MOSCOW -- President Dmitry Medvedev on Friday derided U.S. accusations that Russia was sliding into irrelevance, saying defiantly that Moscow would set its own course without isolating itself behind a new Iron Curtain.
One day after Secretary of State Condoleezza Rice made a blistering attack on the Kremlin leadership, Medvedev pushed back in a tough speech, saying NATO and the Bush administration were provoking Russia.
"All the time the talk is that 'look, finally they are showing their true faces, the regime is revealing its true colors, finally the side that is more characteristic for the Russia state has triumphed. The hawks have won,'" Medvedev said in a Kremlin speech.
"In fact we are being pushed down a path of development that is based not on full-fledged, civilized cooperation with other countries, but on autonomous development behind thick walls, behind an Iron Curtain," he said.
"This is not our path," he said. "There is no point in returning to the past. We have made our choice."
Russia put the West on notice last month with its brief war with Georgia that it was willing to throw its economic and military weight around to assert its interests, particularly in the former Soviet Union.
The war has also shown how the limited the West's options are in responding to a newly assertive Kremlin.
Washington has resorted to harsh and repeated criticism. On Thursday, Rice accused the Kremlin of plunging a proud nation into global irrelevance with misguided and paranoid policies.
Medvedev responded in a speech to cultural and religious leaders, saying Russia would not yield to Western pressure and dismissing claims the country was sliding back to authoritarianism.
"No new outside factors, let alone outside pressure on Russia, will change our strategic course," Medvedev said.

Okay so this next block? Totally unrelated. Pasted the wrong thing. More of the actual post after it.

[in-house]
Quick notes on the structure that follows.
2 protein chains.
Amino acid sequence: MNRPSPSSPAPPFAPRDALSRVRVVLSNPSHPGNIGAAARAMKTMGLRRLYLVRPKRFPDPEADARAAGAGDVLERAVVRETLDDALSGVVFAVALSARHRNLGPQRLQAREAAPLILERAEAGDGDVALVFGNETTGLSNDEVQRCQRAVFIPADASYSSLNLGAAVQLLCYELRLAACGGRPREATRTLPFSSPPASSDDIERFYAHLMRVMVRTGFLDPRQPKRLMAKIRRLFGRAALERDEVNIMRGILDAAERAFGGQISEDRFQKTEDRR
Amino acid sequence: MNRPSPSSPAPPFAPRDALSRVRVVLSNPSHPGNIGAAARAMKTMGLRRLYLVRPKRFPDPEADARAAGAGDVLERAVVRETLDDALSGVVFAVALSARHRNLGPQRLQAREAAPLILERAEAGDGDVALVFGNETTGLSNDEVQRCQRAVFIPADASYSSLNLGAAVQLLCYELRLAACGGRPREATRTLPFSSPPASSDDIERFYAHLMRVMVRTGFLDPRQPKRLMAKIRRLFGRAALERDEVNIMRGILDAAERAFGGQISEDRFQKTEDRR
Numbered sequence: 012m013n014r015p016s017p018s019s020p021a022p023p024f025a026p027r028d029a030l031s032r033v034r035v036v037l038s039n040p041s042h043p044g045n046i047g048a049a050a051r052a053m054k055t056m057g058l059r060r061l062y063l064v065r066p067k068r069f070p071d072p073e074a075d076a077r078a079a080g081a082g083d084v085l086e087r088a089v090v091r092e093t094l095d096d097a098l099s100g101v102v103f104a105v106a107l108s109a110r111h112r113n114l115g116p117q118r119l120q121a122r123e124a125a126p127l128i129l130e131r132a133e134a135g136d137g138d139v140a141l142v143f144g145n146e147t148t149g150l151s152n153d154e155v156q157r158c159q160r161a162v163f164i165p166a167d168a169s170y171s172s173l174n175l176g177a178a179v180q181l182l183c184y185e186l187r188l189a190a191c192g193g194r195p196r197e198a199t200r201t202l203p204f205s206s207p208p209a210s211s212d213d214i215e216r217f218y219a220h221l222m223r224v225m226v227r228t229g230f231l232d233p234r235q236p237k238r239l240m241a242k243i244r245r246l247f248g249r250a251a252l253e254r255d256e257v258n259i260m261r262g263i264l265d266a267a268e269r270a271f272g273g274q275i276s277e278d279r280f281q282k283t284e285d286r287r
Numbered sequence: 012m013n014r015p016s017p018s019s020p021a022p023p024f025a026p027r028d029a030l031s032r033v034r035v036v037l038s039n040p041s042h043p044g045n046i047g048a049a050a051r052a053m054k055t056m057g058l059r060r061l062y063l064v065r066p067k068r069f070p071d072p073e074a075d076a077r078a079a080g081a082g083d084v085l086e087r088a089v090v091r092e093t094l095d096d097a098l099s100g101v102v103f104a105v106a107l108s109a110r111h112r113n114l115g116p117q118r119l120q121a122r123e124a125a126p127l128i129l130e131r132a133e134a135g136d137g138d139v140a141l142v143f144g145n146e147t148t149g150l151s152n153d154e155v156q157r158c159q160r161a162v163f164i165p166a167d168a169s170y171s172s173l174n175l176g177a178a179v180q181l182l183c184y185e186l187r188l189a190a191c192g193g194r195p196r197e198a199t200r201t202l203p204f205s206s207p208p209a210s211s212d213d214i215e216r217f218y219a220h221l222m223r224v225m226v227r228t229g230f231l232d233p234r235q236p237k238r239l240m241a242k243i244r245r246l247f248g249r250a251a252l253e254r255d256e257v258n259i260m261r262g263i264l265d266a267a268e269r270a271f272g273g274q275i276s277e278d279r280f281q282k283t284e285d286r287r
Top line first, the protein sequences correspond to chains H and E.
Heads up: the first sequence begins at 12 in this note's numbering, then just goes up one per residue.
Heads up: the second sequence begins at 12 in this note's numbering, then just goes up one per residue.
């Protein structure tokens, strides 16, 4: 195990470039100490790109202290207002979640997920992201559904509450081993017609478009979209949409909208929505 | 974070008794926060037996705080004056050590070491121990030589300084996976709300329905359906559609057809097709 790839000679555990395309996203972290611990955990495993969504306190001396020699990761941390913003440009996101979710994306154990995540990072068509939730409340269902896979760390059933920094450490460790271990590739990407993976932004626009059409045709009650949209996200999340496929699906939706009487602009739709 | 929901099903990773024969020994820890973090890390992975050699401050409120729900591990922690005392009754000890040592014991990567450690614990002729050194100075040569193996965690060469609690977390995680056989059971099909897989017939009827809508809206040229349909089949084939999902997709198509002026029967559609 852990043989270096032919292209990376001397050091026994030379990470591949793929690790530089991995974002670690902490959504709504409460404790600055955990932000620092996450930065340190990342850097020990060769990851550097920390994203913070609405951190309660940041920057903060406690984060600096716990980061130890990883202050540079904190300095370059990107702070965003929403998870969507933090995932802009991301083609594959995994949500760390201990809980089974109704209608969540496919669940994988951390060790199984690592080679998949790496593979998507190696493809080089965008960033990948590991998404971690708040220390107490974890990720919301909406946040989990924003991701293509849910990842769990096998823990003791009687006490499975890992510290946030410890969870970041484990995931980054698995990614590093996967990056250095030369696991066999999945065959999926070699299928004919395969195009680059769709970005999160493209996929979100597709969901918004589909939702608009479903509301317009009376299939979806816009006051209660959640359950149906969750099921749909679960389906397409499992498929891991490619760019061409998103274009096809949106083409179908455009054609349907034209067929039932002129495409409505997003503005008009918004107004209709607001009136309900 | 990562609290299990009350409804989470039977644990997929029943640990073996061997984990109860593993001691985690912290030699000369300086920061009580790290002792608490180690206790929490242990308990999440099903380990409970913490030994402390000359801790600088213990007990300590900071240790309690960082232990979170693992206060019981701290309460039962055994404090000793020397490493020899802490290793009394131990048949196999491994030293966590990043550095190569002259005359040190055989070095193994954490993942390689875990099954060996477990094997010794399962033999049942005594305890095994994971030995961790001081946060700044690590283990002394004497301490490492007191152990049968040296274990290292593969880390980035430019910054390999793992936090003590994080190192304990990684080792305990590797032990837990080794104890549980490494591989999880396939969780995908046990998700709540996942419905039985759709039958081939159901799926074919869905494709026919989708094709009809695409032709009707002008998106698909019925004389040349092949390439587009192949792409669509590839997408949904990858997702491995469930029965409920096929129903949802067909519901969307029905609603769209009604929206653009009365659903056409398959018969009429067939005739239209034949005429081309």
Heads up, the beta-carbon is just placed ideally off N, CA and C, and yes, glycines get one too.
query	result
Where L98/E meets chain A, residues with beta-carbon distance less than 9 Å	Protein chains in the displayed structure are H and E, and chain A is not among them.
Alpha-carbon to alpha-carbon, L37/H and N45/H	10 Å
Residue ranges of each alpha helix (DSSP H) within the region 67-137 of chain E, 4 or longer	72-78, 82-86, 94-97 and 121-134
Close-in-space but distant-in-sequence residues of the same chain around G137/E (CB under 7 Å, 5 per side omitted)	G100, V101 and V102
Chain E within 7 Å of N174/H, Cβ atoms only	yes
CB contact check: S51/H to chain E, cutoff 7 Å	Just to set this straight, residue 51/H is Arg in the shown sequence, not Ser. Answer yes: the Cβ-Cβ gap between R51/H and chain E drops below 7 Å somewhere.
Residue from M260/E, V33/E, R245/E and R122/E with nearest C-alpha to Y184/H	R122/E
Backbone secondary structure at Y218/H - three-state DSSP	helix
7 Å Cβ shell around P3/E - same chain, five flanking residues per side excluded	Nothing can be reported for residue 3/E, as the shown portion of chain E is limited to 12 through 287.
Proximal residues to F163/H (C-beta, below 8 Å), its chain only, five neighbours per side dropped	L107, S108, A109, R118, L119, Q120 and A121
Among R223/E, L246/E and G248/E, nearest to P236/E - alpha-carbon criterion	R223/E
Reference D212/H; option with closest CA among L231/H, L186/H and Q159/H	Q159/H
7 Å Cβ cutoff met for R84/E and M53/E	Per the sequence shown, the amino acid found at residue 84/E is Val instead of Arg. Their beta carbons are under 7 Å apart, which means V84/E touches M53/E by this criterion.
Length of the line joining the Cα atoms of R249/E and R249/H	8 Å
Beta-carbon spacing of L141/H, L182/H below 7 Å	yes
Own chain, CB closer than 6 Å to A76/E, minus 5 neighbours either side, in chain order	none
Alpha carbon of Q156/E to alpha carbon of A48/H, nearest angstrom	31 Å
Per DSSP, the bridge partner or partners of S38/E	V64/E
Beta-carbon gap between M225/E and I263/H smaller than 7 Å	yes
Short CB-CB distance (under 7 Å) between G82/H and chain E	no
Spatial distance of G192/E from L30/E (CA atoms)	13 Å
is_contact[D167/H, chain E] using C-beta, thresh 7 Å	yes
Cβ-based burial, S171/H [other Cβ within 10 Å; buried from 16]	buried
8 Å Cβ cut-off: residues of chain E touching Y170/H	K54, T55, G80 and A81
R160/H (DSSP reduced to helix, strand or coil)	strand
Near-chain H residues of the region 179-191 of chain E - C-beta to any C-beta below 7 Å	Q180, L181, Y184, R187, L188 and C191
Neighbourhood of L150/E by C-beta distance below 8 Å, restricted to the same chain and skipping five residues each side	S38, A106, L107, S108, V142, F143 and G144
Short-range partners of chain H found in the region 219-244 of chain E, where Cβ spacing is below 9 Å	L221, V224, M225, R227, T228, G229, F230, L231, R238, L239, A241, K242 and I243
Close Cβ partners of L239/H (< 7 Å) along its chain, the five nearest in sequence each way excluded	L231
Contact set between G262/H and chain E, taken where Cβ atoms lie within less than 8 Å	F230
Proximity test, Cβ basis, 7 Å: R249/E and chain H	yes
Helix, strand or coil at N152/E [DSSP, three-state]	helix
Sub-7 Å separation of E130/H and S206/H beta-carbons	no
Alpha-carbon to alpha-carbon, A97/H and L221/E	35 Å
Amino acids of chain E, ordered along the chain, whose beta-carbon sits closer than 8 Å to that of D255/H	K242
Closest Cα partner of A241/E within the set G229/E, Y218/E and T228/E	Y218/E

"We will continuously strengthen our national security, modernize the military and increase our defense capability to a sufficient level," he said. "And we will determine what level is sufficient proceeding from the current situation; it can't be measured once and for all."
Underscoring that effort, Russia's lower house of parliament -- dominated by a Kremlin-backed political party -- gave tentative backing Friday to a 25 percent increase in defense spending.
Medvedev accused NATO of provoking the war in Georgia, saying that by helping modernize the Georgian military, Washington and other Western nations encouraged Georgia to try to regain control over its breakaway province of South Ossetia.
Russia responded to the offensive by invading Georgia, routing the Georgian military and pushing deep into Georgian territory.
Medvedev scorned Rice's comments that Washington would continue promoting cultural and professional exchanges for Russians wanting to visit the United States.
"I opened the Internet this morning and saw our American friends saying they will keep providing assistance to Russian teachers, doctors, scientists, labor leaders and judges," said Medvedev, a lawyer by training, raising a finger and shrugging his shoulders. "The last point was really outstanding. What does it mean? Are they going to feed our judges? Will they support corruption?
"If it goes on like that, they will start selecting presidents here," he said.
Later, in a 3-page formal response to Rice's speech, Russia's Foreign Ministry accused her of "gross misstatements" about the Georgian war, and echoed Medvedev's scorn for the offer to help Russian judges.
This, the ministry said, "is tantamount to interference in our judicial system."
"Responsible figures are not shy about acknowledging facts in their public statements. Why others do not do this, preferring instead to put their feet in their mouths, is a separate question," the ministry said.